It pays to dedicate time and effort to the little details that impress your portable sanitation customers.


Every company needs something that makes it stand out from the competition. In a sea of standard units, it takes some effort to be distinctive.

Creating a professional image that conveys the value of your services doesn’t have to be daunting. Everyone offers restrooms; let potential customers know you offer more.

Nita Bailey went all-out when she began branding her company RS Waste Services back in 1999. She developed a fully integrated branding strategy that visually unifies everything from the company website to restroom decals to email signatures for company employees. She also saw opportunity to create a niche in the special-events market and began providing more unique units, like vinyl-wrapped bride and groom restrooms for weddings and restrooms that resemble British phone booths.

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“Everyone jumped on the luxury restroom trailer trend, but that’s really high-end,” she says. “But there’s a market segment ignored between high-end luxury trailers and construction units.’’ That’s why she ordered the flushing Picadilly Concepts units, which she considers a step up from standard restrooms. She also prefers a smaller, more discreet and attractive decal placed on the interior of a restroom.

To Bailey, effective branding means sweating the details. For instance, when she or employees send out an email, the recipient will see a uniform signature graphic with a professional look. It shows job title, contact information and the company logos.

“It’s a very simple way to change and improve your image for a minimal cost,” she says. “These are all things that need to be addressed when you’re thinking about the image of your company.”

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Another easy way to brand your business is to use a bold color scheme. Chris Martinez, owner of Shiny Boys, chose bright red for his restrooms. “We have red trailers, too, so everyone knows who we are. The name of our company is on every restroom and on the trailers, too, so it’s kind of a rolling marketing campaign.”

Martinez established Shiny Boys to mainly serve oilfield contractors. He knew he needed more than a take-notice color scheme to break into that competitive market. But inspiration struck when he realized the oilfield workers weren’t being offered any lighted restroom options, even though they were working late at night. Shiny Boys started providing restrooms with solar lights.

While providing restrooms and a hand-wash station for emergency crews after a train derailed, Shiny Boys received some well-deserved media exposure, and things really took off. “After that, I’d be outside working and people would come up and ask me for business cards,” he says. “They’d say, ‘You’re the guys with lights in your restrooms.’ That (exposure) helped us get our first job in the oilfields and the lights caught on there, too. Little by little, customers came to know us as the guys with the lights in our restrooms — the Shiny Boys.”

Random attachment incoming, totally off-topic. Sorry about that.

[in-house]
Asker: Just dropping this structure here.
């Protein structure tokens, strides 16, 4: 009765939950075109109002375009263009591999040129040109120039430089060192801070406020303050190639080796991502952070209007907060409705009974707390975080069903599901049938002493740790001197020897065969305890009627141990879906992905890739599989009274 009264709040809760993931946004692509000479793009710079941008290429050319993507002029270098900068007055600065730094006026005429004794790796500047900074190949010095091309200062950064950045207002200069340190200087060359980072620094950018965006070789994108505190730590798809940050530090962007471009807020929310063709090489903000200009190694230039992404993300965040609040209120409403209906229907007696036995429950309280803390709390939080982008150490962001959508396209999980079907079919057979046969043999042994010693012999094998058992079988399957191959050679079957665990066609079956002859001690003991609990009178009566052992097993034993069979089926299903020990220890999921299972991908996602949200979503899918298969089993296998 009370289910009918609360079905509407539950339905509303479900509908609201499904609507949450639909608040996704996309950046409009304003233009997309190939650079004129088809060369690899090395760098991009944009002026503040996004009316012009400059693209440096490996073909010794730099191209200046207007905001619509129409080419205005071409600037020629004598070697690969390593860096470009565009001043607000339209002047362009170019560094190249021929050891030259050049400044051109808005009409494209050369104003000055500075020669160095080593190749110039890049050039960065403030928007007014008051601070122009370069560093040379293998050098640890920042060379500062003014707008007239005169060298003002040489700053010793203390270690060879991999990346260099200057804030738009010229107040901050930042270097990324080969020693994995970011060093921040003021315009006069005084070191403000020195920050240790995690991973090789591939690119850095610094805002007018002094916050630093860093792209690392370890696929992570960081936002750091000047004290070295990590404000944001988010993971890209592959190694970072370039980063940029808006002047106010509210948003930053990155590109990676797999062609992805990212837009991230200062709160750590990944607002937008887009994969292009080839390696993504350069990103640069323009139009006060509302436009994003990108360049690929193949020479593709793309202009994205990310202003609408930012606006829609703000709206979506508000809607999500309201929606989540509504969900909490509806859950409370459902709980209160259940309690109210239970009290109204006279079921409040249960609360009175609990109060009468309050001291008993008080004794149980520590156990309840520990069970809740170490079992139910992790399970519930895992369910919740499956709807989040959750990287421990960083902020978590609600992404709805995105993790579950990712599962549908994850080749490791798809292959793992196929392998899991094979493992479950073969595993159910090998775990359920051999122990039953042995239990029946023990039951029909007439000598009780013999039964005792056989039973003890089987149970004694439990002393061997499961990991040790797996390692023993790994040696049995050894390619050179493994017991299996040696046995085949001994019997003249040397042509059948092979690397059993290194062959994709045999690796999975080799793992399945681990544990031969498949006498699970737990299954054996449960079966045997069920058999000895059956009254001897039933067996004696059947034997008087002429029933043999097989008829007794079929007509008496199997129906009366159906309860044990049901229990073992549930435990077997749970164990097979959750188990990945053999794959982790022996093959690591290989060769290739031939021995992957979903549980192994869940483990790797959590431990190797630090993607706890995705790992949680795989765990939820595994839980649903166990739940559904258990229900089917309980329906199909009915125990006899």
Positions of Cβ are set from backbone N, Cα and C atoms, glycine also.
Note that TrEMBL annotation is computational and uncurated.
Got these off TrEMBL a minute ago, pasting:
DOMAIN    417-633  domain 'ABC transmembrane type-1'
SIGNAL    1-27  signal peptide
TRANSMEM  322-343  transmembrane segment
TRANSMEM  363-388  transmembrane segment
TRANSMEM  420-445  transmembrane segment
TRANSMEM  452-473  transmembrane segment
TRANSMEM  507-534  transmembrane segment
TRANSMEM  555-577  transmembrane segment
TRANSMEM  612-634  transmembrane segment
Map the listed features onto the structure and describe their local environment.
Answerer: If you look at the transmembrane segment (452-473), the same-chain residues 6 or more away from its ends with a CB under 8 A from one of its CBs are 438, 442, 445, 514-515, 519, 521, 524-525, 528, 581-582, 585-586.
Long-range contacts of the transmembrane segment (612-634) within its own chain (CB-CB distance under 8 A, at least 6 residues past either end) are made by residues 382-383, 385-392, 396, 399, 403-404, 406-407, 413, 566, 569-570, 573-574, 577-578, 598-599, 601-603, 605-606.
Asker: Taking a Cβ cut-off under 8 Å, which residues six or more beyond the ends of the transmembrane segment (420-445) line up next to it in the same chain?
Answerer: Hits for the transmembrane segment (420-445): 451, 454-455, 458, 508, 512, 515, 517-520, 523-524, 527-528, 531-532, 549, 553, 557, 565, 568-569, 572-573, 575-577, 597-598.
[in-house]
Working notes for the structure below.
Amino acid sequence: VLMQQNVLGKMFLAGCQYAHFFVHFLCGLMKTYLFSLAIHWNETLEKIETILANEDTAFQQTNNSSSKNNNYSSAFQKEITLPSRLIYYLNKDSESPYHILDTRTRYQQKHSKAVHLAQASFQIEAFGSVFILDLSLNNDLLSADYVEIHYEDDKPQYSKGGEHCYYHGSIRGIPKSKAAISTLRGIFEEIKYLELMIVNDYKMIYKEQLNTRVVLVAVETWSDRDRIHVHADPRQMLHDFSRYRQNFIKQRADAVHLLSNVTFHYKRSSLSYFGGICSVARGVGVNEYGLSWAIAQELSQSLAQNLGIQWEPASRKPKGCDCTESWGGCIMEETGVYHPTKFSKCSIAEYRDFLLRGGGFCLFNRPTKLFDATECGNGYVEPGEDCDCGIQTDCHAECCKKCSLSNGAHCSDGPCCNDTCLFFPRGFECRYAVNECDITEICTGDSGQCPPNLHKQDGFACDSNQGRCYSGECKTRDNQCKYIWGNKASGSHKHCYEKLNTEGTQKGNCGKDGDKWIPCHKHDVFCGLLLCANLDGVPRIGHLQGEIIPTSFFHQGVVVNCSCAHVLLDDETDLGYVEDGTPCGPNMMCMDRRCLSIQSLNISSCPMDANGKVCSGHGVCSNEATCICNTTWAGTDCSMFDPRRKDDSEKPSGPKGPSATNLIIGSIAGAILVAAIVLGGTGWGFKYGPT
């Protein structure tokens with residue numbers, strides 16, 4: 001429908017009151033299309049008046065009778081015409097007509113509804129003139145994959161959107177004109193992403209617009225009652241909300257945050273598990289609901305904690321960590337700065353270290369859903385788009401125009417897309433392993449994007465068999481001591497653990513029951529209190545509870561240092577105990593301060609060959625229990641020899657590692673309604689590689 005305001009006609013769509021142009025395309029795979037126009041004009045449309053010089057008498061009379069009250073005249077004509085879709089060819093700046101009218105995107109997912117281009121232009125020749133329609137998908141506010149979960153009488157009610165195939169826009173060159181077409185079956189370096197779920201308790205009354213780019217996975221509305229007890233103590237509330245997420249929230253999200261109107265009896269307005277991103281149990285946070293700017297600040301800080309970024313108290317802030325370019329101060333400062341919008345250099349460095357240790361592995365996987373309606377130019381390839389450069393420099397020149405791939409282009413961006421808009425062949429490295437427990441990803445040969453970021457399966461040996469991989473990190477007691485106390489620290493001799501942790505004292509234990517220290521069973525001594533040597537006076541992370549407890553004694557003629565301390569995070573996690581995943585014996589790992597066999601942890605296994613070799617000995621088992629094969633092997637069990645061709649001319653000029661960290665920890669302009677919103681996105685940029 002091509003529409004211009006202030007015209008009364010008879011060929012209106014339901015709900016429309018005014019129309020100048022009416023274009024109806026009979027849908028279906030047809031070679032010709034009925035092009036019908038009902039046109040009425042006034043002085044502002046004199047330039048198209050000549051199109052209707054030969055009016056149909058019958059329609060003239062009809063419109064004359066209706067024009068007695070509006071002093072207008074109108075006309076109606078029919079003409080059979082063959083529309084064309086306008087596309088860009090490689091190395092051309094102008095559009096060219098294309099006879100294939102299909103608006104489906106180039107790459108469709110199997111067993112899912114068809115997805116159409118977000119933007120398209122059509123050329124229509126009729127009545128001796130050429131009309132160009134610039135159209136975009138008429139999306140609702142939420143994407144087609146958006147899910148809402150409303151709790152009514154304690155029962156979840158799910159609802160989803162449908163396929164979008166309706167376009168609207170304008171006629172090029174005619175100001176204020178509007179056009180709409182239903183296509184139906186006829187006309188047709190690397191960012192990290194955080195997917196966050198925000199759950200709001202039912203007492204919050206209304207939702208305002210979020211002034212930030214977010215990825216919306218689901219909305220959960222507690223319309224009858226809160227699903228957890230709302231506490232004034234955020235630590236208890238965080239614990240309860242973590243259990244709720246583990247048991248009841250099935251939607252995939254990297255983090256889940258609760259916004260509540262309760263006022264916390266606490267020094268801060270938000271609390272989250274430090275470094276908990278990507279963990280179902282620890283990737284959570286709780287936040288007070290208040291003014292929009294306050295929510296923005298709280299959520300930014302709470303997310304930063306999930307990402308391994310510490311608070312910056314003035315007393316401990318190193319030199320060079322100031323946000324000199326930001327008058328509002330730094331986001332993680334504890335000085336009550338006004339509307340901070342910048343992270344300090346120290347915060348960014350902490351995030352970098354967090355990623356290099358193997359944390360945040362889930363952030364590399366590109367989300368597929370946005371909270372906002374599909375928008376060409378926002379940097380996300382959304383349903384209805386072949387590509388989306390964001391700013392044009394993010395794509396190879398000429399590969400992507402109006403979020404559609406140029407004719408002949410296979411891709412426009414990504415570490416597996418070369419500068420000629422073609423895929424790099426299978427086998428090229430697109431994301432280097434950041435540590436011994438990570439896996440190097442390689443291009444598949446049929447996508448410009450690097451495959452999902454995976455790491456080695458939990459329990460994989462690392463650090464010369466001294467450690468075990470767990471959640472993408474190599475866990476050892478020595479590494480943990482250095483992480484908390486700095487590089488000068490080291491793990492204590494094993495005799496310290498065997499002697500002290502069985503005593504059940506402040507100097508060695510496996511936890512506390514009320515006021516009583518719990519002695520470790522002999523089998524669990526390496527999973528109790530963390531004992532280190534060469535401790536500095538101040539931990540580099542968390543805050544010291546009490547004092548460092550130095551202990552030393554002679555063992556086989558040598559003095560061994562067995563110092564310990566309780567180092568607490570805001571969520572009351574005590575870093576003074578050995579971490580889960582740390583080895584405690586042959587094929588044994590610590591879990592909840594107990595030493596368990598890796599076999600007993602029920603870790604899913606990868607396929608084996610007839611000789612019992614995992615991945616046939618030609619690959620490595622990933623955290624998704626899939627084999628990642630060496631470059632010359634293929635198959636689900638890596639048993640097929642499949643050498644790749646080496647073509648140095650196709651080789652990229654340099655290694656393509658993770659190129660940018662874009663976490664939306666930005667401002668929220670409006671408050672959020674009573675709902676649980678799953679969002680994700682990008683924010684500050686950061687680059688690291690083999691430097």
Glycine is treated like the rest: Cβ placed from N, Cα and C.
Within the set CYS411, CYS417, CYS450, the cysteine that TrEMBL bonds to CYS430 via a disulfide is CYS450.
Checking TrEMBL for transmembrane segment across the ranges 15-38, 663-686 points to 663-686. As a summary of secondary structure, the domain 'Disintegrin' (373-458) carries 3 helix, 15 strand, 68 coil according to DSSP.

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When trying to come up with a brand strategy, sometimes it helps to consider the industry as a whole. Portable sanitation hasn’t always had the most positive image, but you can help change that.

“People think we’re a dirty industry, so we try to have fun with it, but still create a professional image,” says Scott Thone of Portable Sanitation Inc. (dba Arkansas Portable Toilets). Thone has all the company’s trucks decked out with new vinyl wraps featuring water graphics and rolls of toilet paper, along with the company’s playful slogan, “This is how we roll.”

The wraps are tools that help reinforce brand identity, he says. “At the end of the day, you can be the best at what you do. But if no one knows that, it doesn’t do you any good. And I’m not a big spend-money-everywhere-you-can-spend-it kind of guy; you have to monitor what you spend and see what gets the best bang for your buck.

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“If your business base relies mostly on homeowners or special-events planners, there’s no question you need to have a website and a social media presence. You can’t rely just on raising prices to make more money … it’s all about creating value and making it easier for customers to do business with you.”


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